To fix the banks, Washington needs to get toxic assets off their balance sheets. That's easily said but not so easily done.
One reason is an obscure accounting rule that is the subject of intense lobbying by representatives of the banking industry ahead of congressional hearings on Thursday on the matter. A change to that rule could drain some of the banks' red ink and possibly make it easier for them to off-load the toxic assets. (See 25 people to blame for the financial crisis.)
Fair-value accounting, also known as mark-to-market accounting, requires banks to price assets on their balance sheets according to what you can sell them for on the open market. Seems logical enough. But how do you mark to market when the market is effectively shut down?
At the moment, there are few buyers for the toxic assets that are poisoning Citigroup, Bank of America and other major financial players. The unsellable loans sit on the banks' balance sheets at a huge loss, priced from zero to an optimistic 60% of what they might have sold for before the crash.
It's not clear where the banks are getting their prices. Some of the firms derive the asset values from financial models. Others try to gauge how much a group of subprime mortgage loans might be worth by looking at a price index, called the ABX, of related credit-default swaps.
But at a time of pessimistic forecasts and rising fear, many toxic assets are probably worth more than the bank models or credit-default-swap indexes suggest. For example, a recent reading of the ABX index puts the value of even the highest-rated subprime mortgage bonds created in 2007 at only 27% of their precrunch prices. Yes, Americans are behind on their mortgages, but even the most pessimistic prognostications do not predict that 73% of home loans will become worthless. (See pictures of the dangers of printing money.)
That's why the banking industry has been lobbying furiously to alter the accounting requirement that forces it to continue to lower the value of those assets, even though many of the loans that back those bonds have yet to default and perhaps never will. Those losses are amplifying the bottom-line losses at a number of the nation's largest banks, wiping out their capital and putting them ever closer to collapse.
A growing number of regulators seem to think some relaxation of the rules may make sense. The top U.S. banking supervisor, Comptroller of the Currency John Dugan, tells TIME he is in favor of letting the banks mark back up the value of some of their toxic assets. "I think there are some changes that ought to be made," Dugan says. Mark-to-market accounting is a problem, he says, for illiquid assets because "those things have just stopped trading altogether." Dugan does not support doing away with mark-to-market entirely; not even industry lobbyists want that. But his deputy will argue at the congressional hearings on Thursday that limited changes affecting the pricing of illiquid toxic assets should be made.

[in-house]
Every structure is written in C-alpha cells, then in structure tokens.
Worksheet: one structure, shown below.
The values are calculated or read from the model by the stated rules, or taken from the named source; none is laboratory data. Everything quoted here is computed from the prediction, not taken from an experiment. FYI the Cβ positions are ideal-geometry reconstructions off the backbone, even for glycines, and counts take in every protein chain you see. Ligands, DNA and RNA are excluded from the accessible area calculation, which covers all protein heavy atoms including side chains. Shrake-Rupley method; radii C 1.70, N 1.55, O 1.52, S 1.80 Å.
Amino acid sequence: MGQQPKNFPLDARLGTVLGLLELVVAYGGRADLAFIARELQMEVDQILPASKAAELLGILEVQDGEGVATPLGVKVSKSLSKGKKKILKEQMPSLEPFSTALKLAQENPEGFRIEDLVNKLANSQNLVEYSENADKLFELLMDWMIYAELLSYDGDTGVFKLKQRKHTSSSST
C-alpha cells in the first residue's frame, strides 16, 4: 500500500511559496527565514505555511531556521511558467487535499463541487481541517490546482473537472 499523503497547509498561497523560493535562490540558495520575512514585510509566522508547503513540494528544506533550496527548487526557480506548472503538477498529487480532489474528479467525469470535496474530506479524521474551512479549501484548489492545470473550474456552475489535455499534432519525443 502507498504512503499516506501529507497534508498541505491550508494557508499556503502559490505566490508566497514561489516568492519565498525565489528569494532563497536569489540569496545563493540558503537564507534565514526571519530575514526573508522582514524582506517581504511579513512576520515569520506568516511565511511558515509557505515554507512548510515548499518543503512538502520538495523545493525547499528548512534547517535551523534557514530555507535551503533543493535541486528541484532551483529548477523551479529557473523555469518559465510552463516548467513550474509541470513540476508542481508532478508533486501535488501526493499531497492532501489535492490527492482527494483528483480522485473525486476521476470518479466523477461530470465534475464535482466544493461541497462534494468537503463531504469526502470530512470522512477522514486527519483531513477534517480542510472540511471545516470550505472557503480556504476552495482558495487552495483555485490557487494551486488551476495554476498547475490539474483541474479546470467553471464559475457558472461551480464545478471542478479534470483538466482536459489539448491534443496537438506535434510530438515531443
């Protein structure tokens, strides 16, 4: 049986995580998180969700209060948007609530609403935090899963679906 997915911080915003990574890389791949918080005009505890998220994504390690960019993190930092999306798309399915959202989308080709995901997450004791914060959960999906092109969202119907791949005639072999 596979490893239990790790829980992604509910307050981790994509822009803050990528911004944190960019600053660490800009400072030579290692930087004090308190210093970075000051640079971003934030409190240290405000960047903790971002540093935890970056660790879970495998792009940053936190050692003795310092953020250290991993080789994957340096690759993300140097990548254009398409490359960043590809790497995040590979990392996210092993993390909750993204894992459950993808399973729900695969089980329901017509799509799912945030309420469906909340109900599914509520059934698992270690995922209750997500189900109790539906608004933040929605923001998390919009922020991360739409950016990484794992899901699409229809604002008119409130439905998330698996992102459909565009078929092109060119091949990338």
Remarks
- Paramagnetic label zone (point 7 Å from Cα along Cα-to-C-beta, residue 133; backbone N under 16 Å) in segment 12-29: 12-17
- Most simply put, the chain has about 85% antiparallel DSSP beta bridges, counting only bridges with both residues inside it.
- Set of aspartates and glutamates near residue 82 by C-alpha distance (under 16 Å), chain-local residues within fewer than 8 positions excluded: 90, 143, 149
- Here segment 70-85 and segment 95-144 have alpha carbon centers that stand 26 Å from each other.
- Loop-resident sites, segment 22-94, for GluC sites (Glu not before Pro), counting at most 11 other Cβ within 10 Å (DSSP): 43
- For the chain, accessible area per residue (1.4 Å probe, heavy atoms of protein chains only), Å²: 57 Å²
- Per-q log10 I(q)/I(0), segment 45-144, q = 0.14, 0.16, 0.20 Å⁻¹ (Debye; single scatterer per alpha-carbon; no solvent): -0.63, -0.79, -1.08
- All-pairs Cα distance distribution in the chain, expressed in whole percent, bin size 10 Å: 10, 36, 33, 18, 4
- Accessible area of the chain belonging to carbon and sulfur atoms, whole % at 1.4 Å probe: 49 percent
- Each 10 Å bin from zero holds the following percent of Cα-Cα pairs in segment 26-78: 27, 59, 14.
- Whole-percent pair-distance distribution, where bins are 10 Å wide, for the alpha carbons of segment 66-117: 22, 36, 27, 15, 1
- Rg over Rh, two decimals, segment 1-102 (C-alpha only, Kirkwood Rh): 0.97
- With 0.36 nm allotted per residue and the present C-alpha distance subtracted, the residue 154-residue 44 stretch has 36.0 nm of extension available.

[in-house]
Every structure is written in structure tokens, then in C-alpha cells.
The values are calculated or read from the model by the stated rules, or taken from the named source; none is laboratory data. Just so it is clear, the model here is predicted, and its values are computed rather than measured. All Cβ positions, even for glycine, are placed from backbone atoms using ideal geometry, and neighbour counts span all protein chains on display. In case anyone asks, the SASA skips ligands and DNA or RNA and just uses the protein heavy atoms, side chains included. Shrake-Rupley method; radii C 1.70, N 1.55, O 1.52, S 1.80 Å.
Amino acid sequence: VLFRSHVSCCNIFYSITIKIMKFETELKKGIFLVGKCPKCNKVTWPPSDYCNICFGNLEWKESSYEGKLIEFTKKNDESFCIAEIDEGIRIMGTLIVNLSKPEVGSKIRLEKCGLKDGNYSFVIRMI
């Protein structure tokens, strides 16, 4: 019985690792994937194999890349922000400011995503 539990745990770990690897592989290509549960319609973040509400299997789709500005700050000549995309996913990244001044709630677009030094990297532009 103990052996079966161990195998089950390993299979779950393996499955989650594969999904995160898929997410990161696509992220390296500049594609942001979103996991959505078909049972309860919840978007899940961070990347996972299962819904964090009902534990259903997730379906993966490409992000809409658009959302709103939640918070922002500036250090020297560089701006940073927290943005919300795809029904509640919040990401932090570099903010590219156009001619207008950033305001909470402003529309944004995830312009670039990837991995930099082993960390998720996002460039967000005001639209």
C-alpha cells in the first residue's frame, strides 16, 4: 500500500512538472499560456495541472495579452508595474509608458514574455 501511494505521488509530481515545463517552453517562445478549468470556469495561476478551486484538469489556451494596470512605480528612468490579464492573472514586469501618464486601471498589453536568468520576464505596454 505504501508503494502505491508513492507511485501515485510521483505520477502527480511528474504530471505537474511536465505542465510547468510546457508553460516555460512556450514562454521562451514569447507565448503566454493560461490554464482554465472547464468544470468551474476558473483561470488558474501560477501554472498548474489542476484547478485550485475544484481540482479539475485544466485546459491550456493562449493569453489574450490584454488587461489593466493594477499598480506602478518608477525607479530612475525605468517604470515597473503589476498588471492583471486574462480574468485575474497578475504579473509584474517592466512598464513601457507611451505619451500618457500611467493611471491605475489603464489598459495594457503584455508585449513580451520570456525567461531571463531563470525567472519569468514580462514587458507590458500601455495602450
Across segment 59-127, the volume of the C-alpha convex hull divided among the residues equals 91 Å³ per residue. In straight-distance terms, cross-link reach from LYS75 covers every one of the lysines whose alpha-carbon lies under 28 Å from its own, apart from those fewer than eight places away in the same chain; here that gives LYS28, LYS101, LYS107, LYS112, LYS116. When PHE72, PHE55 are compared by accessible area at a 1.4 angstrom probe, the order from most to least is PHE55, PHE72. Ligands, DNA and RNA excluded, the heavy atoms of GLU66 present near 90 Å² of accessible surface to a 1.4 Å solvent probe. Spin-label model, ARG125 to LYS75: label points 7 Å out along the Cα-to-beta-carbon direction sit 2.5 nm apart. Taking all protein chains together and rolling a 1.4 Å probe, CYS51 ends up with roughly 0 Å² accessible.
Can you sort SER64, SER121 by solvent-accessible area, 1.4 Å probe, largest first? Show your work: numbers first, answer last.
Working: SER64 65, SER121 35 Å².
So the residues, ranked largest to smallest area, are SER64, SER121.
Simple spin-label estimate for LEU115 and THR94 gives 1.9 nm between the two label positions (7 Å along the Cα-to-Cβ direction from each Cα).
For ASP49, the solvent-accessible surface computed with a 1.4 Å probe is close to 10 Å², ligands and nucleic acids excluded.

Others seem to be coming around to the banking industry's position. On Tuesday, Federal Reserve Chairman Ben Bernanke said he would support changes in pricing illiquid assets. Also this week, investor Warren Buffett said in a CNBC interview that he would favor suspending the mark-to-market rules. Even the Securities and Exchange Commission (SEC), which has long backed these rules, recently asked the Financial Accounting Standards Board (FASB), a private group based in Norwalk, Conn., that sets accounting rules in the U.S., to look into the matter. FASB spokesman Neal McGarity says his organization is doing that, but the banking industry is skeptical and wants more pressure from the SEC. "SEC is refusing to act further on this issue," says Scott Talbott, a top bank lobbyist. (See the top 10 financial-crisis buzzwords.)
Why the resistance? The FASB and the SEC say mark-to-market accounting is a key to the economy's transparency, and want to proceed cautiously before changing the rules for illiquid assets. Investors are already skeptical of bank stocks. Add more uncertainty to their books, and the shares might fall further.
But with few options left to save the banks, government officials might see a change to mark-to-market rules as the most promising way remaining to bolster the banks and their bottom lines. What's more, relaxing the accounting requirement might make it easier for Treasury to iron out a plan to remove toxic assets from bank balance sheets.
The Treasury Department is looking into purchasing those assets, whether through a public-private partnership or through some other mechanism. Part of the stumbling block is price. Paying more than the banks are able to say the assets are worth would certainly lead to criticism that the government is providing another massive handout to the banking industry.
But if the banks are allowed to market the toxic assets back up to their original precrunch prices or close to them, that would give the Obama Administration political cover: Treasury can come in and underbid the value of the toxic assets, declaring before Congress and the taxpayers that it is driving a hard bargain with the banks.
What price might Treasury offer? Treasury Secretary Timothy Geithner is doing a "stress test" of the banks to determine how much capital they need to survive. Whatever number that ends up being might be a good price for the toxic assets. "We want to get the assets off our books," says Talbott.